Lux Et Robur – The interview.

Lux Et Robur

Throughout the course of the pandemic, I’ve documented the struggles that Tranmere have encountered as the club and it’s supporters try to navigate themselves towards a positive future. Through a League One demotion in an unprecedented time of a health pandemic and a couple of managers who didn’t really bring the success or the unity to the club that they thought they would’ve been able to achieve and bring. However, something that has continued to deliver is ‘http://www.luxetrobur.com/’ as the saying (‘where there is faith there is light and strength’) has never been more relevant and the shirts that the brand has made have kept fellow supporters in high spirits. 

Before the start of the new campaign, I caught up with the man behind it all as he went into depth with me about how the business operates and his feelings ahead of a new start with the return of Micky Mellon at the helm.

To start the conversation off, could you tell us a little bit about the person that you are. Have you always been a Tranmere supporter and have you always been interested in clothes designing?

‘All of my friends in school would support Liverpool or other clubs but I didn’t have a team at that time. I spoke to my dad about it all and he told me that if I did choose to support Liverpool or another Premier League club I’d only be able to get the shirts and not go to the games but if I was to support Tranmere I’d get the shirts and the chance to go to the games. So, I got the shirt, went to an Anglo-Italian game at Prenton Park and fell in love with the club from there. Tranmere has been one constant in my life from that moment onwards, even if my head was slightly turned by other things when I was in my late teenage years’.

‘I haven’t always been interested in clothes designing. I don’t really know how to describe how my love for that grew. It was at a moment in time where I didn’t have a job and I noticed that I could make money by making and selling shirts. That idea came about when I saw that Liverpool had similar brands and fan designs. I thought it would be cool if Tranmere had something similar but I didn’t think anyone other than me would be interested in starting anything so I saw an opportunity. It was around the time of the 2018 world cup, I made a website for it and it really got my creative juices flowing. One of my friends is really good at graphic designing so he made pictures for the site and from there people started to ask for different shirts etc. It caught fire from there really and it was helped massively by the club’s form and the positive atmosphere. It’s not my full time job, it’s something that I enjoy and I like engaging with others through it as no one’s really interested in negativity and I try to make my clothes as positive and humorous as possible’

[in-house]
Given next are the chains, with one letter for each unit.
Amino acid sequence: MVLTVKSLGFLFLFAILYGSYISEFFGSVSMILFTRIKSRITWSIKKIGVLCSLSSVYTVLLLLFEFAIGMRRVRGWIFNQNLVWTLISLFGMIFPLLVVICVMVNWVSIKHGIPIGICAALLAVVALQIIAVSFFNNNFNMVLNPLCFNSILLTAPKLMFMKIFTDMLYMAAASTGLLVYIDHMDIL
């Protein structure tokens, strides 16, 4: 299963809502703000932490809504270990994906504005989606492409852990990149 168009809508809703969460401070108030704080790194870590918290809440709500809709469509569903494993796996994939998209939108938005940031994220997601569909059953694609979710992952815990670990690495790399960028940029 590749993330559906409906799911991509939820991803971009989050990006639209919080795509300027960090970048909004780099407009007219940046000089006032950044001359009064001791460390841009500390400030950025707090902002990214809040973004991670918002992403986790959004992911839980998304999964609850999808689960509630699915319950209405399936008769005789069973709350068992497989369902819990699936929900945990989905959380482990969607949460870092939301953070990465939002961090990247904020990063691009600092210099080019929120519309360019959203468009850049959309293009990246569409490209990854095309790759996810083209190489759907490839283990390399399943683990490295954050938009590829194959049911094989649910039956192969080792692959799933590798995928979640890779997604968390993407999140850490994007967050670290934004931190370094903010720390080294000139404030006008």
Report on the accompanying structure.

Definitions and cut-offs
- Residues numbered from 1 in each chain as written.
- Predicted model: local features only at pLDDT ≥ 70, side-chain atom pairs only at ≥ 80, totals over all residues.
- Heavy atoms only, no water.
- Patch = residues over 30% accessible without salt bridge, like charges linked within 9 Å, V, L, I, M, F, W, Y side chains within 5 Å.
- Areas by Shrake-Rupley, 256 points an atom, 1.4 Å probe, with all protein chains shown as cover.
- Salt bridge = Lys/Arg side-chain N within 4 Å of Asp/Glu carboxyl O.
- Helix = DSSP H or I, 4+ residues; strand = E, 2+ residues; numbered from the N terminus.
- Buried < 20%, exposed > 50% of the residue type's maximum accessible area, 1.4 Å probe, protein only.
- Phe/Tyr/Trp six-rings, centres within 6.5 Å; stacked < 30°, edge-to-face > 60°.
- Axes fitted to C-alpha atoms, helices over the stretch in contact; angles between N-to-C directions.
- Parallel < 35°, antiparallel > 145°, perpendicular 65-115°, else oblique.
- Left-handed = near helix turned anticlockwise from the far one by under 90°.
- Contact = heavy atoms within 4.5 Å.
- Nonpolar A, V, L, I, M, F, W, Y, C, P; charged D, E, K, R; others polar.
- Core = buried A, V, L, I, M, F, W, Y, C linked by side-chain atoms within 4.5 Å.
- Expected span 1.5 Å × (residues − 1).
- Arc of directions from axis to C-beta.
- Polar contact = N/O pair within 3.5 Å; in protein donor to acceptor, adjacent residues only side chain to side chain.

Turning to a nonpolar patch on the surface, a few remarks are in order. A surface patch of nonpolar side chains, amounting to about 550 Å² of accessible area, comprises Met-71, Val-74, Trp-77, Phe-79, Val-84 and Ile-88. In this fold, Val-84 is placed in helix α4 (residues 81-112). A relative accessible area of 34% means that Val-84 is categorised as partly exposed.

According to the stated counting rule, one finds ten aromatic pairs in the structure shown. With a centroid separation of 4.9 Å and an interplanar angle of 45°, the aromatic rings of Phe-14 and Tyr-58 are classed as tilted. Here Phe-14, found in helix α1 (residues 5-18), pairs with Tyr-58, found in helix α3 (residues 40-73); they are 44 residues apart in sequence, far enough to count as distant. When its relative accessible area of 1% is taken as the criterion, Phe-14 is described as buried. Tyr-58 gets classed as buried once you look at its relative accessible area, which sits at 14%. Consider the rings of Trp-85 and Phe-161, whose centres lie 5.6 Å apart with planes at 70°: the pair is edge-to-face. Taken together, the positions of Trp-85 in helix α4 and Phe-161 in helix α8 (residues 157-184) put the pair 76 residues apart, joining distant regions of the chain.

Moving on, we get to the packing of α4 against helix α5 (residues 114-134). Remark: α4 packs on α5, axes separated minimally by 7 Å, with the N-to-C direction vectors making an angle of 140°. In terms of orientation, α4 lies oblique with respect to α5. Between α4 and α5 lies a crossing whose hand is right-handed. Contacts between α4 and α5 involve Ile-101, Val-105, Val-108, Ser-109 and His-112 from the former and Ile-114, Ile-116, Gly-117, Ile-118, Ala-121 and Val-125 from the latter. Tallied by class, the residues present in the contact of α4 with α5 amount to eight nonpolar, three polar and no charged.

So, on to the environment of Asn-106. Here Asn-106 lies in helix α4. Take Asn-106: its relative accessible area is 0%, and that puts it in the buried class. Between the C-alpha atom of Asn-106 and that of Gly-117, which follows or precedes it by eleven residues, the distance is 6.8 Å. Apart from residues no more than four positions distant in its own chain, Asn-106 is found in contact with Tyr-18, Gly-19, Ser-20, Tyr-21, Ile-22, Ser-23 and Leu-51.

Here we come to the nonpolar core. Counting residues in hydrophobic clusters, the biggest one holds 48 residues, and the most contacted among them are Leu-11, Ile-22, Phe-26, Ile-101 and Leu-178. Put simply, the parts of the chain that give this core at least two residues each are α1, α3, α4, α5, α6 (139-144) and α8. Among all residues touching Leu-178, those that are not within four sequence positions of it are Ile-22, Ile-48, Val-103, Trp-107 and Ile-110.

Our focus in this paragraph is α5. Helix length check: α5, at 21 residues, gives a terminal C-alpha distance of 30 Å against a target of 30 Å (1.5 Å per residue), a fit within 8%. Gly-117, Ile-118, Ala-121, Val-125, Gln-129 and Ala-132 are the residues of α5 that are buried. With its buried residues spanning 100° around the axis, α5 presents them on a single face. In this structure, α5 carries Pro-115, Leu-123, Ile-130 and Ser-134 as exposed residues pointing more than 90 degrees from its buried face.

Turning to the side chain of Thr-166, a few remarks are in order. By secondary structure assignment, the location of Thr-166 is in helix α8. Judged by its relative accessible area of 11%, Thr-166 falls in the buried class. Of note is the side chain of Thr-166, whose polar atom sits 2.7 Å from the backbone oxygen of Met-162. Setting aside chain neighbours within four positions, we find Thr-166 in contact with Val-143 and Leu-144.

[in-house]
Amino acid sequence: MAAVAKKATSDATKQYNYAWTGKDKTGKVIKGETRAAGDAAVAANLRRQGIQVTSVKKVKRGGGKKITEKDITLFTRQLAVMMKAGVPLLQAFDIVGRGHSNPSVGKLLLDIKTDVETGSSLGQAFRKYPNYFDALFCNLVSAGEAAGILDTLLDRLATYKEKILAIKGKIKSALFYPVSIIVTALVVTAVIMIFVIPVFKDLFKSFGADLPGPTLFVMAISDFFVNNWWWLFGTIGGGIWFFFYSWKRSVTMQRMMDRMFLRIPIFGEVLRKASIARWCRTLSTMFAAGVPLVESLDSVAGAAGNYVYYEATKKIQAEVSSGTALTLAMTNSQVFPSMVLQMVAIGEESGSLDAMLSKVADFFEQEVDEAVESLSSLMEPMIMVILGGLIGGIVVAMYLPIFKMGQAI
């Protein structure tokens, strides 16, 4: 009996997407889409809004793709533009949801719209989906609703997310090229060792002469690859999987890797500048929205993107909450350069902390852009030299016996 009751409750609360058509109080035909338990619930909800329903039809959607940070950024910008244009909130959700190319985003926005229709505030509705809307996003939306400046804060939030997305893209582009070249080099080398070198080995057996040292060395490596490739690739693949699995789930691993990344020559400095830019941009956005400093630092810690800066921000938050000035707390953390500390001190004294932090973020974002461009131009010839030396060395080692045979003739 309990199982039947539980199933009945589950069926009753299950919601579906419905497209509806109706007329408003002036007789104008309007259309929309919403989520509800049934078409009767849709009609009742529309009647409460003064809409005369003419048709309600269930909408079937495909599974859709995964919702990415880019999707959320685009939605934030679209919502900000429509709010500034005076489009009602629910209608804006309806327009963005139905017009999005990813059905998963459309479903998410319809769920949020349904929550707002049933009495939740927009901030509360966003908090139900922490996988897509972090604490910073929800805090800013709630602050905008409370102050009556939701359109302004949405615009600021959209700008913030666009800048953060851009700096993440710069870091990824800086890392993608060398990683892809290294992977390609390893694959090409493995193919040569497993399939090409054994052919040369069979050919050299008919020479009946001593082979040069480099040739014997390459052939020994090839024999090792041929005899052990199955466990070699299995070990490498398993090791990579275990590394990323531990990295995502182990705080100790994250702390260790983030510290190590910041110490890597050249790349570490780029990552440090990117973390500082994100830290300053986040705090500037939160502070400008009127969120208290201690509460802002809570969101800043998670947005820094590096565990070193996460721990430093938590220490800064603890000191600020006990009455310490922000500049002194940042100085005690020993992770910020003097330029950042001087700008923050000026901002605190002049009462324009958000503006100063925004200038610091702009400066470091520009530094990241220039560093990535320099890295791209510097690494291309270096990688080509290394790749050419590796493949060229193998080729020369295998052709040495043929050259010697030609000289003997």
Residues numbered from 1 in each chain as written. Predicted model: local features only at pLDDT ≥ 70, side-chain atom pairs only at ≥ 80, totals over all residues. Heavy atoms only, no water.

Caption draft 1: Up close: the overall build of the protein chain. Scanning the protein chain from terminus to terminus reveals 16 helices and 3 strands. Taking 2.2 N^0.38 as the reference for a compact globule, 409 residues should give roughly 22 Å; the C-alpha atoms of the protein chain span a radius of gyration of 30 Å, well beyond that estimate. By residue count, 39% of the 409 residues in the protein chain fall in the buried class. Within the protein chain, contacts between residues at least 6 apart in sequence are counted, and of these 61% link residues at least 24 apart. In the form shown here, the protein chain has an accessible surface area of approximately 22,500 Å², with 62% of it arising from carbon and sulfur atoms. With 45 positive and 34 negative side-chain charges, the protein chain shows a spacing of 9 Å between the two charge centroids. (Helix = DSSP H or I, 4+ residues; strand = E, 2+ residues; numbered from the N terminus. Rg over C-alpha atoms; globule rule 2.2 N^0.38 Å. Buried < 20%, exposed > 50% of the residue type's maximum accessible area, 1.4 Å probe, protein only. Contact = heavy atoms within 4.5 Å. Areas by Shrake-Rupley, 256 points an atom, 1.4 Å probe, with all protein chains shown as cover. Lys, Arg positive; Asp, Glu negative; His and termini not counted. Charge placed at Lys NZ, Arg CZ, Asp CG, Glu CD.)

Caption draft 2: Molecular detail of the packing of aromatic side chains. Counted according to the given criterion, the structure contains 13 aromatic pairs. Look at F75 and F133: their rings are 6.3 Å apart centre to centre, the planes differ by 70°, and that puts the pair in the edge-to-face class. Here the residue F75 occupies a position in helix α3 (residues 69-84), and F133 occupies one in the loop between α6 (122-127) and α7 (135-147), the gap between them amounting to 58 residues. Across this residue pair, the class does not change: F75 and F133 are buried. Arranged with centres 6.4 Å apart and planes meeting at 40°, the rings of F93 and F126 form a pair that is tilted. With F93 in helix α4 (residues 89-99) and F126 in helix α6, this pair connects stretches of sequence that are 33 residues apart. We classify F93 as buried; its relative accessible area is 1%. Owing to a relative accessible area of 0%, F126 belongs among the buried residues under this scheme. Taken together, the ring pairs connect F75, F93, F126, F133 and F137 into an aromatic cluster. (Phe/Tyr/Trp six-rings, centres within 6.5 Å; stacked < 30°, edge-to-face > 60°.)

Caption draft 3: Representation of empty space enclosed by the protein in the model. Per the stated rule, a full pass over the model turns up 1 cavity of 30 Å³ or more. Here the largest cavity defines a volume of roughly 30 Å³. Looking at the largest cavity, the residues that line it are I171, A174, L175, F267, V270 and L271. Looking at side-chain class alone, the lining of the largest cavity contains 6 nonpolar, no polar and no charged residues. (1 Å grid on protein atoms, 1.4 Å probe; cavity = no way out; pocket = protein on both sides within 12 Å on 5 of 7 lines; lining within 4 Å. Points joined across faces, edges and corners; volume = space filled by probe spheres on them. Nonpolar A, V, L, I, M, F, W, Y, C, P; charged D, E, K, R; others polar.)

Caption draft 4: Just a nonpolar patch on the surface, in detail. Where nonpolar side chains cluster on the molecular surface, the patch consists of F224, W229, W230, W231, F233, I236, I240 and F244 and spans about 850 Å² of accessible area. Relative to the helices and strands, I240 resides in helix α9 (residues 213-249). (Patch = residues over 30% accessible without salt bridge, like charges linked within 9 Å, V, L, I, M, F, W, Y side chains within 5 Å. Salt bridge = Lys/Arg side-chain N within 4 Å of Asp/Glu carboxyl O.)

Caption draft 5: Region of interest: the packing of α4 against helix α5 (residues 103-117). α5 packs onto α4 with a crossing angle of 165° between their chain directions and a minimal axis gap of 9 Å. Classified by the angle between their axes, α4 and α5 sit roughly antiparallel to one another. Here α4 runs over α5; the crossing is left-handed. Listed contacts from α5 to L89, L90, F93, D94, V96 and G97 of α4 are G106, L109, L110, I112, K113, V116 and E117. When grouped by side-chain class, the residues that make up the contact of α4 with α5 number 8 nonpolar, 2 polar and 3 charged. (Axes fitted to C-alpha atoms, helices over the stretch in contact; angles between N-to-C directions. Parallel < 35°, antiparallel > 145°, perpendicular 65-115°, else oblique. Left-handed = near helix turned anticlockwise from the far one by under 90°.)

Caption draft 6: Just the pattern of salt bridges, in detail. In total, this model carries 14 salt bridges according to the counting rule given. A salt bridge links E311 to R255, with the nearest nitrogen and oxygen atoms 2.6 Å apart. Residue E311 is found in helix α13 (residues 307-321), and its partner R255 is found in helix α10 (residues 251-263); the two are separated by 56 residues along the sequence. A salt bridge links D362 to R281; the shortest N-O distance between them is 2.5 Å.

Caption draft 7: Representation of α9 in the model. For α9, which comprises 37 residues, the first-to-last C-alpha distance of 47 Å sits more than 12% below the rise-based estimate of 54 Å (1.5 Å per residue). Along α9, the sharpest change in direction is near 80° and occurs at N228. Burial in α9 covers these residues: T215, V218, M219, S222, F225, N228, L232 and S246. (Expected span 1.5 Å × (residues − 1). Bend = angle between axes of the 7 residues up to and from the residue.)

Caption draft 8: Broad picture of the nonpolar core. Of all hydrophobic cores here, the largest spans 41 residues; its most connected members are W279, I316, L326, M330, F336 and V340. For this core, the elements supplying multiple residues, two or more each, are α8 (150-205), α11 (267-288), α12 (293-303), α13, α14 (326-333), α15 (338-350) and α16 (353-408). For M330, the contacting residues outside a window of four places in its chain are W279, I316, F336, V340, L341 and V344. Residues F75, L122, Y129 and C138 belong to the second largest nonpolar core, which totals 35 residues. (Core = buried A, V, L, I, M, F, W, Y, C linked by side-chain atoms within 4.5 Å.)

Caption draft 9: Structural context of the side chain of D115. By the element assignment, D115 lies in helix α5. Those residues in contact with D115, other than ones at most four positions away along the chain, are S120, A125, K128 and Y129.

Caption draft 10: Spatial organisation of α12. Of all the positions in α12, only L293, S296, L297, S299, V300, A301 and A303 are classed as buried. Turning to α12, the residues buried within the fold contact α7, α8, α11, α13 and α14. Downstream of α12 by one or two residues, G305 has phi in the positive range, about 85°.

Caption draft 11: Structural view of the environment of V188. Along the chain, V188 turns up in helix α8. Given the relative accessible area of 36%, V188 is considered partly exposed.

In terms of the brand’s success, do you think it’s gone as well as you thought it would have been when you first wanted to formulate your idea?

‘There was nothing to really base an expectation off when I first had the idea because it was something that hadn’t been done before at the club. You may have seen the odd bit of tat on ebay but something with a good knowledge of Tranmere wasn’t really out there, there were no shirts that if you weren’t a Tranmere supporter you’d look at it and go that’s a Tranmere shirt. There was no real expectation at the time,  I’m not even too sure what my end goal was. There’s a little bit of pressure on me now, I’d say, to create something when something significant has happened but it’s what I enjoy. I’ve had many compliments about my work as well which is something that keeps you going, people saying that they wouldn’t have similar shirts if it wasn’t for me. However, I also don’t want to be in competition with anyone like the likes of the Trust and the club itself because everyone is doing great work. Some people have misunderstood my intentions at times but I just try to do stuff that maybe the club wouldn’t and couldn’t do, for example the EFL shirts. However, I’ve also tried to help the club at times. For example, I helped produce the Rover and Out shirts which are still available to buy in the club shop. To answer the original question, I didn’t really have any expectations but I’ve certainly noticed the growth’. 

I was just thinking from a business perspective, as we’ve touched on expectations, how would you address something which hasn’t sold well which you thought would? If that’s something that you’ve experienced thus far.

‘No, I think something which has been made evident over the past two years is that I have no idea on what will sell well and what won’t. There are some items that I’ve paid an artist to do or I’ve spent my whole day working on and it’s only one had like when I put it out on social media and I go on to sell three. However, I see the positives in that as it’s at least been noticed by someone. I try to make stuff that I’d wear as well and I like to keep everything simplistic in a way.